In this volume an inquiry into the nature of the creative process is attempted by paying close attention to the lives of various artists, poets, novelists and playwrights, and selected works of each in order to demonstrate an essential relationship between the two, and that it is most difficult to delineate the nuances of the creative act by treating them as separate entitites. Emphasis is placed upon the effect of early trauma, such as object loss and various forms of deprivation, as a powerful unconscious motivating factor and upon the dream and transitional object as facilitators of the creative effort.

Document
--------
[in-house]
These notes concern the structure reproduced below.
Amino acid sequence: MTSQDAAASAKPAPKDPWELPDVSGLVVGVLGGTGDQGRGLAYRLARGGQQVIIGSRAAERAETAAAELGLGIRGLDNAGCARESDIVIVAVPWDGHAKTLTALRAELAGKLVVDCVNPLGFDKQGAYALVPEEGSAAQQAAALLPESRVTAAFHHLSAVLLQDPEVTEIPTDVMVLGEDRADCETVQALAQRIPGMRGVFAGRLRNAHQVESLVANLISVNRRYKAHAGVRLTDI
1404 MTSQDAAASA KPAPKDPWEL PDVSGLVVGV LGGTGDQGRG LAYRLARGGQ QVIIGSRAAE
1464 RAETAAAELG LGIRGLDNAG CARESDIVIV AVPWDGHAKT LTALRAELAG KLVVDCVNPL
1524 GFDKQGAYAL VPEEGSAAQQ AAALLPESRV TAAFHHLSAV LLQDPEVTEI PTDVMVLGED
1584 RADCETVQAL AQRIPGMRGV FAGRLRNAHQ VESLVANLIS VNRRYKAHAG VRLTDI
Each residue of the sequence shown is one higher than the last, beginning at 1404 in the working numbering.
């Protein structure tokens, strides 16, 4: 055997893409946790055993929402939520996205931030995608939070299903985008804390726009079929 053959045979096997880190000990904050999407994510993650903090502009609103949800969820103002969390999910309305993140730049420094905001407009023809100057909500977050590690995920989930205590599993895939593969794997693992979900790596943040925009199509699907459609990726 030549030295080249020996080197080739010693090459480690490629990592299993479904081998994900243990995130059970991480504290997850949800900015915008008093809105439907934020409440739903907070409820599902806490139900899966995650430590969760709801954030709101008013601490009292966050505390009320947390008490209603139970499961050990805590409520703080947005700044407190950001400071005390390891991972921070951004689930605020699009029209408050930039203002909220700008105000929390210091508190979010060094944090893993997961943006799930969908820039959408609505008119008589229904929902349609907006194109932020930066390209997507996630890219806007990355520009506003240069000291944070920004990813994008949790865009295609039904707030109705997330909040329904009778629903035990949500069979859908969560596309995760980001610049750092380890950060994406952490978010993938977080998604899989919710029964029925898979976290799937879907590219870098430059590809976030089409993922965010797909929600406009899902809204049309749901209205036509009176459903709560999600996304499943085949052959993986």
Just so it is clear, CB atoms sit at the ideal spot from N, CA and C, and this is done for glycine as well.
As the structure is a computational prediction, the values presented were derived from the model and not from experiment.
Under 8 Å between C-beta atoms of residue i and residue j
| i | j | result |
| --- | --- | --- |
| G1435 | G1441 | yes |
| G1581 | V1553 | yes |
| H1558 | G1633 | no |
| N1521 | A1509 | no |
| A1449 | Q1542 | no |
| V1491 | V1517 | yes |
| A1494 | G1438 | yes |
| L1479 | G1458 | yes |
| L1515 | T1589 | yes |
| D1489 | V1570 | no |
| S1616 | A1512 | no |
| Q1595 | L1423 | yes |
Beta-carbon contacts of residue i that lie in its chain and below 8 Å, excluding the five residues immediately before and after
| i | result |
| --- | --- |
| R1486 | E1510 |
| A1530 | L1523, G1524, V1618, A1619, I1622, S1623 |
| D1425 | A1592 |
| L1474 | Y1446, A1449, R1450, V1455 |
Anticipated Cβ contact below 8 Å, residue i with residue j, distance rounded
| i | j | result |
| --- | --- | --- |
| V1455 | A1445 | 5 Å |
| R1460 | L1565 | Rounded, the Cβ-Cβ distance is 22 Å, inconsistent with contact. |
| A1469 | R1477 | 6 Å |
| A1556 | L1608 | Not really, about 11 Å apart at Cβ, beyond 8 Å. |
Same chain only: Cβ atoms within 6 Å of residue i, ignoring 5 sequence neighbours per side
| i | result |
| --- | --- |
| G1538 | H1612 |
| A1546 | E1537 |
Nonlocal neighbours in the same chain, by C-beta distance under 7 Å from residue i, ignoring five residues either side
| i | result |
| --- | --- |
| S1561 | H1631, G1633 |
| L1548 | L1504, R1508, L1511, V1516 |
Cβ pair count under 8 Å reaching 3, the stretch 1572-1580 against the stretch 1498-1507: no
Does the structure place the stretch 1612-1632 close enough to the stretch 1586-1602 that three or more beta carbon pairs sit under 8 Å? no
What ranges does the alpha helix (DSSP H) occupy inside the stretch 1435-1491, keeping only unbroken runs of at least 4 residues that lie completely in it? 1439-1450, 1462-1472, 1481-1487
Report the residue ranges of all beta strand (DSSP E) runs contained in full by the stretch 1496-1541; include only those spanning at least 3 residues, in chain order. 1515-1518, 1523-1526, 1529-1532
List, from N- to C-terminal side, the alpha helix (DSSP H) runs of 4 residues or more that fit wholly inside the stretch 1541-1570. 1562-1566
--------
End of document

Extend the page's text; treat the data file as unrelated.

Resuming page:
James W. Hamilton was a board-certified psychiatrist living in Santa Fe, New Mexico. He published extensively on various clinical and theoretical issues.
1 Object Loss, Dreaming and Creativity: The Poetry of John Keats2 Joseph Conrad: 1880-1910, His Development as a writer3 The Doppelganger Element in the Relationship Between Bertrand Russell and Joseph Conrad4 Pre-oedipal Considerations in the Works of Eugene O'Neill5 The Effect of Early Trauma upon Thomas Hardy's Literary Career6 The Significance fo Transitional Phenomena and Sublimation in the Life and Writings of Vladimir Nabokov7 Orwell's 1984 and the Creative Transformation of Intrapsychic Conflict8 Thomas Wolfe's The Lost Boy: Sequelae of Childhood Sibling Loss9 Heinrich Von Kleist and the Quest for Perfection and Immortality10 The Plays of Peter Shaffer and the Vicissitudes of Twinship Rivalry